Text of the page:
Dave Waldrup's picture

Great article and fabulous images. Makes me want to get there and capture some similar images. I recently bought the Z7II moving from my D850. I do bike trips annually in Europe and look forward to the lighter experience. I like super zooms so I bought the 24-200 Z lens and find it terrific and plenty sharp for me. I agree on your words about a fully articulating display. That's the only drawback for me. Your image of the sheep hand held at 1/6 is just crazy. To get results like that while hand holding is going to revolutionize my photography. Spent some time on Skye in 2010 and want to go back with this new camera.

Gary McIntyre's picture

Great images Dave and yes the screen not fully articulating does bother me a bit but the benefits far outweigh the minor negatives. I was pleasantly surprised it did handhold at that. Don't think I'll be trying it too often though.

Robert Teague's picture

I went to the Z7 a couple of years ago, but I had to handle one before I was convinced to give up my DSLR. I've shot 5x4 for many years, so I'm comfortable with a bigger size camera. I never saw any justification for going to the Z7 II. I have a couple of 64GB XQD cards that fit my needs.

Gary McIntyre's picture

Thanks for reading Robert. Totally agree with not moving from the z7 to z7ii really no need.

Steve TQP's picture

Nice article about the suitability of the Z7II and Nikkor S lenses for landscape photography! I too, traded in my Fuji kit, but for the Z7 (a month before the Z7II release), and a few NIkkor S lenses, including the 24-70 f/4, the stellar sharp Nikkor S 50 f/1.8, and the 70-300 f/4.5-5.6 Nikkor AF-P with FTZ adapter. I find that all the NIkkor lenses on the Z7 produce extremely sharp, detailed images (jpeg +raw), and make quite nice 30" x 40" prints. The Nikkor AF-P 70-300 with FTZ adapter is also surprisingly sharp, though IMHO, just slightly less so than the NIkkor S lenses. Would I have preferred the Z7II over the Z7? Maybe, but crucially, since they use the same processor/engine, the extra "speed" and buffer of the Z7II are inconsequential for my landscape/product photography since IQ is virtually identical (at Base ISO). Thank you.

Gary McIntyre's picture

Thanks for reading Steve. For myself I could've kept the lenses for the d850 and got an adapter but it really was a weight and portability issue mainly. Yes fantastic prints from the sensor.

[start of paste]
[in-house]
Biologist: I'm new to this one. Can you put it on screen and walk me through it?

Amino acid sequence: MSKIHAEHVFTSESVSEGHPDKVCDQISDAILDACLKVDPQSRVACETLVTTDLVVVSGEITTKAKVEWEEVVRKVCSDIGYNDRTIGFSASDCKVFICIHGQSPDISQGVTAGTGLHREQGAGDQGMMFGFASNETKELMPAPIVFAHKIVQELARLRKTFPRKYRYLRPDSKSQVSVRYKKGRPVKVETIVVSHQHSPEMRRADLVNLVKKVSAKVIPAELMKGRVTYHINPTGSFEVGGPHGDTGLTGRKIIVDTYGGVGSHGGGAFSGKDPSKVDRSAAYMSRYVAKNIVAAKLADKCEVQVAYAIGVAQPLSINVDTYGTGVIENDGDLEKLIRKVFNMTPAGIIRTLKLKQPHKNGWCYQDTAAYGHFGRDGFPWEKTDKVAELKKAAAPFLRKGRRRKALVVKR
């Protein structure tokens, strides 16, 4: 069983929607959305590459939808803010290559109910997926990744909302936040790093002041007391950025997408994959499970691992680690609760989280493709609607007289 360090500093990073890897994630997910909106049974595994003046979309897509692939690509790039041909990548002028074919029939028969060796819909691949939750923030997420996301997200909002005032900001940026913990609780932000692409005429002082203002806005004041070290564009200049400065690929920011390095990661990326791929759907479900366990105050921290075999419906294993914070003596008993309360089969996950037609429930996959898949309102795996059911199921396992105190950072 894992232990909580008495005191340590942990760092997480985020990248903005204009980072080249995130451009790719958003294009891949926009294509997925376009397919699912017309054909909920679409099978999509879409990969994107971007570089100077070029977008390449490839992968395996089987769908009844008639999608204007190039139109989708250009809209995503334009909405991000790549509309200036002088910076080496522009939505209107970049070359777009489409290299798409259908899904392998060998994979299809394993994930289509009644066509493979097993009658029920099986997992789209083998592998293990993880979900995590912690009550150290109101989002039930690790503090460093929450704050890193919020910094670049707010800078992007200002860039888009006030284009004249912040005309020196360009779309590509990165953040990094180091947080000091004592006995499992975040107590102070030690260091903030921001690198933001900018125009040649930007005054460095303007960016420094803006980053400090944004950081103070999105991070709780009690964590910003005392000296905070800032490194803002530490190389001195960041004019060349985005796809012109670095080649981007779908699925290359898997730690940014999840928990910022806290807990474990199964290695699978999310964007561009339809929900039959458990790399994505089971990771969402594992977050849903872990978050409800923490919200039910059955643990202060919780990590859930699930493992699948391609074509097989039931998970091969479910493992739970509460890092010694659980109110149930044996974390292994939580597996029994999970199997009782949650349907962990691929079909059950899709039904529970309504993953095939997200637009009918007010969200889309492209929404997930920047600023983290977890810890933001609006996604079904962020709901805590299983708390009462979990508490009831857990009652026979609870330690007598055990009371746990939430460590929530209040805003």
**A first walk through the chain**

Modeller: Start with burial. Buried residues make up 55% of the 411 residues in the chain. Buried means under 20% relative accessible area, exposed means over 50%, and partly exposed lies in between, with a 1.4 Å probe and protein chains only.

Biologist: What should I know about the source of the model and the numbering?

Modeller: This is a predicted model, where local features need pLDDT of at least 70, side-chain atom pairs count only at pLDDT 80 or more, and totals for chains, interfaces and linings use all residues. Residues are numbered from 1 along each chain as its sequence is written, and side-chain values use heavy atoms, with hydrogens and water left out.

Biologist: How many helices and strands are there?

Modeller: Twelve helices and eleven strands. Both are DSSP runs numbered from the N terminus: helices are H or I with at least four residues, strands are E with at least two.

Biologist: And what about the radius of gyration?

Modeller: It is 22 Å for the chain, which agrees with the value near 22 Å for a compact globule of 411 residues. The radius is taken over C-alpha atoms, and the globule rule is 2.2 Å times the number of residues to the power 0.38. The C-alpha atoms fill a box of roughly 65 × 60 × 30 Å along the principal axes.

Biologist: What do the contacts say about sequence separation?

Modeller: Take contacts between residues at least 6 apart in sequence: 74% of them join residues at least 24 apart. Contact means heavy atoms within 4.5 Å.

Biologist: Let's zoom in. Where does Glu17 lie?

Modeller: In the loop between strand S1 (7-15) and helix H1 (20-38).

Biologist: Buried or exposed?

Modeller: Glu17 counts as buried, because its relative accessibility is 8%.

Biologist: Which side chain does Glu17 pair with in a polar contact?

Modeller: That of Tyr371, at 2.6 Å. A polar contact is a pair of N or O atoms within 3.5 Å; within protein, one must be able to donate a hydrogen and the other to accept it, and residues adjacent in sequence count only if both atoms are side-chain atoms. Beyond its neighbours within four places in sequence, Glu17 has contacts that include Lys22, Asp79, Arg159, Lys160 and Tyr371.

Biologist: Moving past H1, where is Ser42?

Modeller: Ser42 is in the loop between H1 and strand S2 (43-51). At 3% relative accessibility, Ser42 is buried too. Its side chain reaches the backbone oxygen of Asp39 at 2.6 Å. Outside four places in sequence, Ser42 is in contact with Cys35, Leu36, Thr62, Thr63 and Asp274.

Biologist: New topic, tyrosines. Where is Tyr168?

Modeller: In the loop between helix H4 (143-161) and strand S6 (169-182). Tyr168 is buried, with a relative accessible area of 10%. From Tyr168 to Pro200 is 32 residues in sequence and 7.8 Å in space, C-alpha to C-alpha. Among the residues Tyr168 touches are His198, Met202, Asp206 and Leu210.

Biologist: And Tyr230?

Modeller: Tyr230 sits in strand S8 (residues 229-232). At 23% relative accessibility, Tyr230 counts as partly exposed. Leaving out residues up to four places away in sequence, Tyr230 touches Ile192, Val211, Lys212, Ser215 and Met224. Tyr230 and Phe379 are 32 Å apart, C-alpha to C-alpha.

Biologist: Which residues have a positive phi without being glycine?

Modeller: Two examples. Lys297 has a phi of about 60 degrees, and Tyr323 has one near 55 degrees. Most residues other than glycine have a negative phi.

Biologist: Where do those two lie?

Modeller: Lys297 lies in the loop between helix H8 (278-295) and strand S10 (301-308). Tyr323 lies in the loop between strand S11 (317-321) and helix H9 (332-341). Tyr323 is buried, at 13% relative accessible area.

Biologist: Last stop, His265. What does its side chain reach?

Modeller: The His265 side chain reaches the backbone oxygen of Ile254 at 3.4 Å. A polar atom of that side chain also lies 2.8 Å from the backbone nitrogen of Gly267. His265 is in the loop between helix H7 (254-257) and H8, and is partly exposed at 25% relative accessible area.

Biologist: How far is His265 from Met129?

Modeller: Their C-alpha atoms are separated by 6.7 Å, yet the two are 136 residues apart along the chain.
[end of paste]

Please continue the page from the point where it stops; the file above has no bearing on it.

John Perhach's picture

While I don’t personally own a z7ii, I do however own a z7i and honestly as someone that doesn’t really give a damn about getting insanely deep into the weeds about tech stuff like numbers for this or that. All I know is that coming from a d810 that I beat the shit out of is that I love my Z7i.

So far besides the cheap ass rubber eye cup ripping and causing the auto changing between the back screen & viewfinder screen I really have no complaints. Even my old 3rd party Amazon batteries work just fine with it which was something I was worried about because my d810 would eat batteries and a friend told me that their d850 couldn’t use the 3rd party batteries because it drained them to fast. I have also had the chance to test out the weather sealing at some spray monster waterfalls and so far that has been great even with using a ftz adapter for my 16-35f4 lens.

All and all I personally think at the end of the day it all comes down to our camera’s are just tools that we use to capture what it is our minds eye see’s while in the field. You can have the very best newest gear out there and still not can get a great photo while others with lesser gear, but they know how to use it to it’s fullest capture killer images.

Gary McIntyre's picture

Great comment John and a true one. Its not the camera it's the person using it.

Timothy Linn's picture

As someone who has owned an X-T3 with its three-way tilt screen and an R5 with its flippy screen, I'll just say be careful what you wish for, particularly if you use an L-bracket. Personally, I find the flippy screen—while more versatile in theory—to be a complete PITA. With or without an L-bracket, it is slower to deploy. With a traditionally-shaped L-bracket, you are extremely limited in terms of the flippy screen's angle of view. To get full use of the flippy screen, you need to either detach the vertical portion of the L-bracket (which defeats the purpose) or you need to buy an L-bracket with the vertical portion shifted forward. It's all an annoying compromise. The Fuji design, on the other hand, is faster, more discrete, safer for the screen, and doesn't interfere with an L-bracket at all. For a landscape shooter that doesn't need to see himself/herself while in front of the camera, it is the easy choice. If I could swap out the flippy screen on my R5 for Fuji's three-way tilt, I would do it without hesitation.

Larry Chism's picture

I'm not sure what L bracket you are using but none of the brackets I tried on my Z7 caused any problems with my tilt screen.

R S's picture